Now a coach, Laperriere promises not to change

Now a coach, Laperriere promises not to change
October 13, 2013, 9:00 am
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Ian Laperriere talks to Flyers captain Claude Giroux during Tuesday's game against Florida -- Laperriere's first as an assistant coach. (USA Today Images)

Ian Laperriere was in Seattle, preparing to fly to British Columbia to scout Flyers prospects when his cell phone rang.
It was general manager Paul Holmgren. He wanted to know if the 39-year-old former player was still interested in coaching.
Laperriere didn’t even bother to call his wife, Magali, to discuss another career change.
“She knows, trust me,” he said. “I’ve been with my wife 22 years. When Homer asked me to coach, I said, ‘Yes.’ That was the goal -- to be in coaching.”
Just like that, late last Sunday night, Laperriere went from the club’s director of player development, to Craig Berube’s staff as a bench coach specializing on the penalty kill.
The difference? As a development person, the proof is four or five years down the line with prospects. As an assistant NHL coach, coaching is immediate.
“I’ve always liked Lappy,” Berube said. “He knows the guys well. The communication from the work ethic standpoint, it’s real important our players can see a player like that and know what he did.”
John Paddock is an older assistant working with the defense. The organization liked the idea of having a younger coach, recently removed from his playing career, working and relating to younger players in the dressing room.
It made sense using Laperriere.
“I’m more excited and nervous than anything else,” he said. “Homer said to me, ‘Just be yourself,’ and so far, it took me pretty far in life just being myself and that’s what I’m going to do.
“I’m going to be myself around the boys, too. I played with a couple of those guys and that’s the dangerous thing. I won’t change. I will be myself. If I changed I would be a hypocrite and not comfortable with that.”
Good cop, bad cop in the dressing room?
“I don’t know,” Laperriere said. “Chief is Chief and they know that and I will be myself. Good cop, bad cop doesn’t work anymore. It’s not 1970 that you will scare those guys.
“You won’t. You need to find the right button to get them going. They are all different. That is our job -- to find a way.
“Make sure they are happy to come to the rink every day and coming to work. And they are going to work. That is one thing I noticed. To play at the high level they need to play, they need to be in better shape.”
Laperriere is yet another in the Flyers’ organization who says the club on the ice this fall was poorly conditioned. Again, it may have had something to do with having so many players in training camp where the emphasis was on teaching systems -- not conditioning, per se.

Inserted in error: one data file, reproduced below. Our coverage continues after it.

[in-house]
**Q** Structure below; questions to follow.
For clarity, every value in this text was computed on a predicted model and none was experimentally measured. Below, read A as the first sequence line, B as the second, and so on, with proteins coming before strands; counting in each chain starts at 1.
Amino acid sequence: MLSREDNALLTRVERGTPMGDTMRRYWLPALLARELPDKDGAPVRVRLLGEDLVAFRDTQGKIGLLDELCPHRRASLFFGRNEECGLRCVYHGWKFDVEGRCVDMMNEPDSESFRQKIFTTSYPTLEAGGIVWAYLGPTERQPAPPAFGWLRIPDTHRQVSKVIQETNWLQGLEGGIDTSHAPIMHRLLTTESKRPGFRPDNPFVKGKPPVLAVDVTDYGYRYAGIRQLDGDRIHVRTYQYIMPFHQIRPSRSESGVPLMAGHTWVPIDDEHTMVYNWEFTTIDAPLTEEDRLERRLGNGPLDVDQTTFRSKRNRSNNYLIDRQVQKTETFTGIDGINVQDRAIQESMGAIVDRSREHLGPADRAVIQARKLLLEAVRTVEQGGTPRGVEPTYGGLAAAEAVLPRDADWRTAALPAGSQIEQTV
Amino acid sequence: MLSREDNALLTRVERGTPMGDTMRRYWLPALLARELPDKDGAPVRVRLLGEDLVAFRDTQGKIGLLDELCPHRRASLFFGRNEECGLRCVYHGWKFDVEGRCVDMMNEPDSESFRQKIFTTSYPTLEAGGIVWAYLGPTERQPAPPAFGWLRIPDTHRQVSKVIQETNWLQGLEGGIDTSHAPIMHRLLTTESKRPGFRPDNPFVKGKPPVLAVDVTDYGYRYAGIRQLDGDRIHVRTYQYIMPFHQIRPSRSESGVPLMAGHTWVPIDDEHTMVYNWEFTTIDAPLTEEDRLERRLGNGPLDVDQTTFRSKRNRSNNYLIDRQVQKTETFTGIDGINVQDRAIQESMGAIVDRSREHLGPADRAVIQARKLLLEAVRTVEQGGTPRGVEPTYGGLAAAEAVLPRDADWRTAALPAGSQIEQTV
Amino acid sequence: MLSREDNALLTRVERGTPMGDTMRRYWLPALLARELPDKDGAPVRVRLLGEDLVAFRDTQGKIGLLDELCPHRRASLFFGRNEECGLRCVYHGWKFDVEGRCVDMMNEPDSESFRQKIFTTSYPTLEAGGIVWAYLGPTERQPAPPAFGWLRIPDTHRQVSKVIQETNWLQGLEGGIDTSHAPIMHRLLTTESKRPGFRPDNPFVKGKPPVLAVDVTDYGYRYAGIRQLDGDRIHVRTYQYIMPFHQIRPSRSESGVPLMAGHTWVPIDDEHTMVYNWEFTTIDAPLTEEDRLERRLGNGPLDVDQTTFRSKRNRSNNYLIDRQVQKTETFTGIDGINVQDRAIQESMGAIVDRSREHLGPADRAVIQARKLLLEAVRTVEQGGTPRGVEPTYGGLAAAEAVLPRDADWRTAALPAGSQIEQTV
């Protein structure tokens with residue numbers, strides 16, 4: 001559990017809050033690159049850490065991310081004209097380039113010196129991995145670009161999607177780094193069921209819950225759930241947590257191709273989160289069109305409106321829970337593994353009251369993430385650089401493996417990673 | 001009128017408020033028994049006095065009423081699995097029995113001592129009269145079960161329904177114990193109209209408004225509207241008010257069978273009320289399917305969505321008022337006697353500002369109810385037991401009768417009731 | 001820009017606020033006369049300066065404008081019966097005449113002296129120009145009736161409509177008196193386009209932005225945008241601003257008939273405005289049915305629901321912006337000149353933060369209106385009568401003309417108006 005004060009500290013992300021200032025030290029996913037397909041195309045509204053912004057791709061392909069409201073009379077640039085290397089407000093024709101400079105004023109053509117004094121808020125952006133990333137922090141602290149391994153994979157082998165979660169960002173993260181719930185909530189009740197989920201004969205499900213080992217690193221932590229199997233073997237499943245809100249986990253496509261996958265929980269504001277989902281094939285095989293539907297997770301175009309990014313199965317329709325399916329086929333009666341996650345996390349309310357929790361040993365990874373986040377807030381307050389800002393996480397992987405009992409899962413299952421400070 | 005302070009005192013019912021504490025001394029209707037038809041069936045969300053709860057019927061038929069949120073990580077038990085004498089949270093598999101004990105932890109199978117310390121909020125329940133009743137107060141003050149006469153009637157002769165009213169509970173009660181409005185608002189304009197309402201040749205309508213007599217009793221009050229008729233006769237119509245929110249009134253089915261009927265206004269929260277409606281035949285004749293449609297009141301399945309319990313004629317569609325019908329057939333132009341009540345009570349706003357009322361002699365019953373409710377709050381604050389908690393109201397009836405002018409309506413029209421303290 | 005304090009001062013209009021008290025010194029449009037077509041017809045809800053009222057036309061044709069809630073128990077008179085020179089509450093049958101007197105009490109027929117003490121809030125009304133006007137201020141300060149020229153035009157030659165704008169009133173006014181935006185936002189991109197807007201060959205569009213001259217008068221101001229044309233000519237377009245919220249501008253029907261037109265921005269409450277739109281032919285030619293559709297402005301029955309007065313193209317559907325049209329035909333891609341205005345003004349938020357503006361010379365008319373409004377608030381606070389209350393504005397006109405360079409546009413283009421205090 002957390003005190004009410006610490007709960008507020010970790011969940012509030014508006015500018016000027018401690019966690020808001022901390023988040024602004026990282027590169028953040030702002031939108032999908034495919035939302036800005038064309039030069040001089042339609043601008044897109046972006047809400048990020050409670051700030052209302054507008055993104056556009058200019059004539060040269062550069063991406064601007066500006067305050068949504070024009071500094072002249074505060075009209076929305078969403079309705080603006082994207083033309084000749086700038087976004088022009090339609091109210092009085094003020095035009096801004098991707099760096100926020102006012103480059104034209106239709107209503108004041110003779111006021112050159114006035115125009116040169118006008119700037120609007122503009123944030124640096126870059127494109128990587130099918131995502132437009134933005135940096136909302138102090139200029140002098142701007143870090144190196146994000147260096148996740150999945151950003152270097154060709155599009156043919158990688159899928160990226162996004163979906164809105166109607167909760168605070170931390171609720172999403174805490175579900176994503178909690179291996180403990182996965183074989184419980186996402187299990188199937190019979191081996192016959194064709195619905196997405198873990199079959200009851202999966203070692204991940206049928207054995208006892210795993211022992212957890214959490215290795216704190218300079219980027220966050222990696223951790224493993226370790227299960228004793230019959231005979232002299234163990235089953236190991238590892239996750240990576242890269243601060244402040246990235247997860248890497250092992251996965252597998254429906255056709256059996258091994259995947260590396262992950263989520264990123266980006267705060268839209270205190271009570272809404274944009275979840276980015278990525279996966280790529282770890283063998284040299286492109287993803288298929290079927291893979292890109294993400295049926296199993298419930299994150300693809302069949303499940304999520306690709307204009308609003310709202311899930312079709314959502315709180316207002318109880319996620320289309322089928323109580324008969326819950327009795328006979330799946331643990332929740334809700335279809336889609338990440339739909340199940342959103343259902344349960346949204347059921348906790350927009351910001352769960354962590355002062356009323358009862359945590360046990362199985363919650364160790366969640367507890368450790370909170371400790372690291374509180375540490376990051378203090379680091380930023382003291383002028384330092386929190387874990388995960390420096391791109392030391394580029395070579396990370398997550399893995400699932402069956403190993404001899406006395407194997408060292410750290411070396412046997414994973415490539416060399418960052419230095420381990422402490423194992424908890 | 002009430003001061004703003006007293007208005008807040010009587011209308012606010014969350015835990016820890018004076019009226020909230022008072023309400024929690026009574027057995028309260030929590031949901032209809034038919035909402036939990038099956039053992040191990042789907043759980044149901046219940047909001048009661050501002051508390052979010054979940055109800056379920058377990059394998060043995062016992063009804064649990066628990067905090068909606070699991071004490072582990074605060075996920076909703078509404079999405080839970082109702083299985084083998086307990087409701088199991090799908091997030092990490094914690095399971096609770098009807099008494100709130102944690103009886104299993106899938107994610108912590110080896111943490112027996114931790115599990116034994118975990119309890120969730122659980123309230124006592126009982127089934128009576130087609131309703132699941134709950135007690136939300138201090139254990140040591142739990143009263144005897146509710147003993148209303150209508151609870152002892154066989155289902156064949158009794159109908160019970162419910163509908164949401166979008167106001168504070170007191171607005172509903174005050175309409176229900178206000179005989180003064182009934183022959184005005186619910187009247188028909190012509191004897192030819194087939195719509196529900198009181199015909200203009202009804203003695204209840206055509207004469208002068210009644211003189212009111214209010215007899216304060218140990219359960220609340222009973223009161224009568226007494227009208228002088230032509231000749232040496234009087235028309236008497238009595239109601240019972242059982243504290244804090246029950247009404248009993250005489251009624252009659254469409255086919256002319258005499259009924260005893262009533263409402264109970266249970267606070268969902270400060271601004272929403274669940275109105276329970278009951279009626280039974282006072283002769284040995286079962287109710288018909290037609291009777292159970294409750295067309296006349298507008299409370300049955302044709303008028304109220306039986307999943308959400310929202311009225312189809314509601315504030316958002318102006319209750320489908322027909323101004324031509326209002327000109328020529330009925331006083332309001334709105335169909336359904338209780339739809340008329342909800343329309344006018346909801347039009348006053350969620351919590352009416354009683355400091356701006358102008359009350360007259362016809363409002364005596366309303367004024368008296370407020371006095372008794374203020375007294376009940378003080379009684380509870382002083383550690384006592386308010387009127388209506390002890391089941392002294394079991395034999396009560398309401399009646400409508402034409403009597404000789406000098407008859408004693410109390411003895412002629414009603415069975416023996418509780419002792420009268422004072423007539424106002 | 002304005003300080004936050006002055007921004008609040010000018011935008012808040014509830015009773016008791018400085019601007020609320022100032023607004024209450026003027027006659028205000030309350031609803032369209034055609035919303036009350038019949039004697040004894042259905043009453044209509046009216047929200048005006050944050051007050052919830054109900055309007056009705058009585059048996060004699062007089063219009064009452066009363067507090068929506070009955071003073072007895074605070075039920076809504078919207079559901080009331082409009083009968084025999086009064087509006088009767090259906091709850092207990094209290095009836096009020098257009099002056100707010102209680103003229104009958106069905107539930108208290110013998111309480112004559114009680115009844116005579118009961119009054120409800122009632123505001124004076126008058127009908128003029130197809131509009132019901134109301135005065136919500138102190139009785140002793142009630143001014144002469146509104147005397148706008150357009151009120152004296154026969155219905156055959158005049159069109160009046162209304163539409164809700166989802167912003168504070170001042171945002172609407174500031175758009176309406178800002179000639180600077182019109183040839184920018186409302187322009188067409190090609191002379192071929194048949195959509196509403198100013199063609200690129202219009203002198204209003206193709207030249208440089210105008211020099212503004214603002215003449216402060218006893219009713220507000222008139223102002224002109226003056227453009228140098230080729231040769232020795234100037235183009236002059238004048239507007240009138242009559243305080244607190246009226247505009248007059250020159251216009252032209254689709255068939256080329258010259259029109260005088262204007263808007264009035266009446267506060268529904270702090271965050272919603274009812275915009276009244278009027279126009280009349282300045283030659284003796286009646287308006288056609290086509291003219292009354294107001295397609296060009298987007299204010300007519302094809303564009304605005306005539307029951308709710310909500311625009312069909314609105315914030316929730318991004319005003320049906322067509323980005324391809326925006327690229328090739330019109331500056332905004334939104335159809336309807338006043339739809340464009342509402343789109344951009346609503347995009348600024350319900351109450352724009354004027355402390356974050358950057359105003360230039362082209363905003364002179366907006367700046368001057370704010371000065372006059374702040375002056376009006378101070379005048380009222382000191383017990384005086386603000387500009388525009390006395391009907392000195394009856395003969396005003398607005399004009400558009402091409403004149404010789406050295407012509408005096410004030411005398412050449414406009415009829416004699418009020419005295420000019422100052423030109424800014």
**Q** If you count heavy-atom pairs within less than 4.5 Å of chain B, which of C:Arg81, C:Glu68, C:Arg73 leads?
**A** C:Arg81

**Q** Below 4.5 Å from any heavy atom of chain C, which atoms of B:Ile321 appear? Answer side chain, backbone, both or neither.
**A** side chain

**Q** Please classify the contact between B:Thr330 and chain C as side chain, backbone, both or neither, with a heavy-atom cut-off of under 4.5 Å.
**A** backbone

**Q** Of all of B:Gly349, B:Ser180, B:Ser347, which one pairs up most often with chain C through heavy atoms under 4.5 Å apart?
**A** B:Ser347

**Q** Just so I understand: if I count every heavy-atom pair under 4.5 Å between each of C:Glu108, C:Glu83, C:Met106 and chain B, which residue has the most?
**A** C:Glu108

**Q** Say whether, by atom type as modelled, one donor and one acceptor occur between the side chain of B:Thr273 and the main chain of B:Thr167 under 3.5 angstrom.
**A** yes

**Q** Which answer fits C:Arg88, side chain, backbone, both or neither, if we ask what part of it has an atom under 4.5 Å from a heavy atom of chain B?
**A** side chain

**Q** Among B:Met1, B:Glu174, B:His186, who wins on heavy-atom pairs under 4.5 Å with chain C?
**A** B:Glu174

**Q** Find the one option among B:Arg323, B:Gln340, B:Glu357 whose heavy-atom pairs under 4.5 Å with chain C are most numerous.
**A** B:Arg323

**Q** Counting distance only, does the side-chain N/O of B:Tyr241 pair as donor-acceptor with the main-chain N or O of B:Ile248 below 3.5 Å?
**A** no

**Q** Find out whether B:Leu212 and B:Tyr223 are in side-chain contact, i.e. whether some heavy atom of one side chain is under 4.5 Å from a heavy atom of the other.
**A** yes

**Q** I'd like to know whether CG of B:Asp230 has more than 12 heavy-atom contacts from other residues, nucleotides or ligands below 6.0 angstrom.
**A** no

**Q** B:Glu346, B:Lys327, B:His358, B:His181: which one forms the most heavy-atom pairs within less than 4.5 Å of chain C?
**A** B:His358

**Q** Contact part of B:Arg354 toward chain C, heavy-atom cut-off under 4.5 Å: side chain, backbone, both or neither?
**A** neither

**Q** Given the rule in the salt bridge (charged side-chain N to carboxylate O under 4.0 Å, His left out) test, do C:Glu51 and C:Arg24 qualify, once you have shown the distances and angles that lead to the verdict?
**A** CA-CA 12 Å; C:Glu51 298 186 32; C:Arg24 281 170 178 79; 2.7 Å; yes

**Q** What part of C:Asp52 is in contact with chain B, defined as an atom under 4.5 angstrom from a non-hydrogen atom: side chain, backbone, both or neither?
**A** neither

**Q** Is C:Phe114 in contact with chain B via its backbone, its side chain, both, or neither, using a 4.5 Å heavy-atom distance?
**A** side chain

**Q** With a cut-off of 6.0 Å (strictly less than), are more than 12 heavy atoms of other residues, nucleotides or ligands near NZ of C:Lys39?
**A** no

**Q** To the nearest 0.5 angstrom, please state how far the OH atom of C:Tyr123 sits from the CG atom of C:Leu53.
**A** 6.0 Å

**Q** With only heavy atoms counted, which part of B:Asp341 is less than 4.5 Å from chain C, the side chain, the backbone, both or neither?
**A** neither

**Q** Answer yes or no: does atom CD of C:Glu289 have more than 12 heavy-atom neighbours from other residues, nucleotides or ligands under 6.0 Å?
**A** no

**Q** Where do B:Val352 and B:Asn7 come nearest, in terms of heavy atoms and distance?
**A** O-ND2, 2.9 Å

This week has seen the Flyers do an extraordinary amount of cardio to get their legs moving. Laperriere is the ideal role model for a pro athlete. He’s the only member of the club who has competed in an Ironman competition.
He completed the Ironman North American Championship at Mont-Tremblant (Quebec) in 12:11:55 this past August, finishing 124th among 258 in the men’s 35-39 age category.
Don’t think for a minute that doesn’t resonate with players -- to have someone competing at something many pro players couldn’t do.
“Lappy’s a huge role model,” said Zac Rinaldo, one of Laperriere’s so-called “project” players on the PK units. “He’s given me a lot of pointers that I hadn’t even thought of that have come into play.”
Laperriere spent 16 years in the NHL with five clubs, the last being the Flyers before he took a puck to the face that ended his career three springs ago.
He picked up things from players his entire life. From Joe Sakic, Pierre Turgeon and Rob Blake in Colorado; from coaches Larry Robinson and Andy Murray in Los Angeles.
“As a player I would look around the room and pick up good stuff from all the things from my teammates -- the good stuff -- and I did that with my coaches too, both good stuff and the bad stuff,” Laperriere said.
“I told them that at the development. If you are smart, you will look around the room and pick little things that can help you become a better player. I did that as a player. I did that with my coaches.”
He said he kept “only the good stuff” he learned along the way to impart on others now.
Murray taught him about focusing on that night’s game.
“Preparation-wise, Andy Murray was the best prepared coach I ever played for,” Laperriere said. “He wasn’t perfect, no one is, I mean I played for Mike Keenan [in St. Louis] too, and I don’t think I’m going to take too many tips from him.
“It doesn’t work today. Those coaches don’t last. It was the 90s when he coached me. He scared me.”
He credits Robinson as his biggest influence behind the bench.
“Larry Robinson was a guy I really liked with his approach,” Laperriere said. “He’s a real good assistant. He’s personable, has a great pedigree. He won so many Cups and is in the Hall of Fame.
“But his biggest quality is how he talks to guys and how he makes them feel like he cares about them and wants to make them better. That’s what our job is -- to help those guys become better. If they make the team better, everyone will be happy.”
Laperriere will handle the Flyers' penalty-killing units under Berube. That was his forte. It was also how he became an injured player, taking a puck to the face in New Jersey -- he never wore a shield -- during the 2010 playoffs.
The Flyers have had good penalty-killing units the past several seasons.
“You can always improve,” Laperriere said. “Even the best power play or PK in the league, there is always room for improvement. Good stick position. When to go and when not to go.”
Happy in this new role behind the bench?
Yes, he said, but ...
“Ask me that question in four years,” he cautioned.

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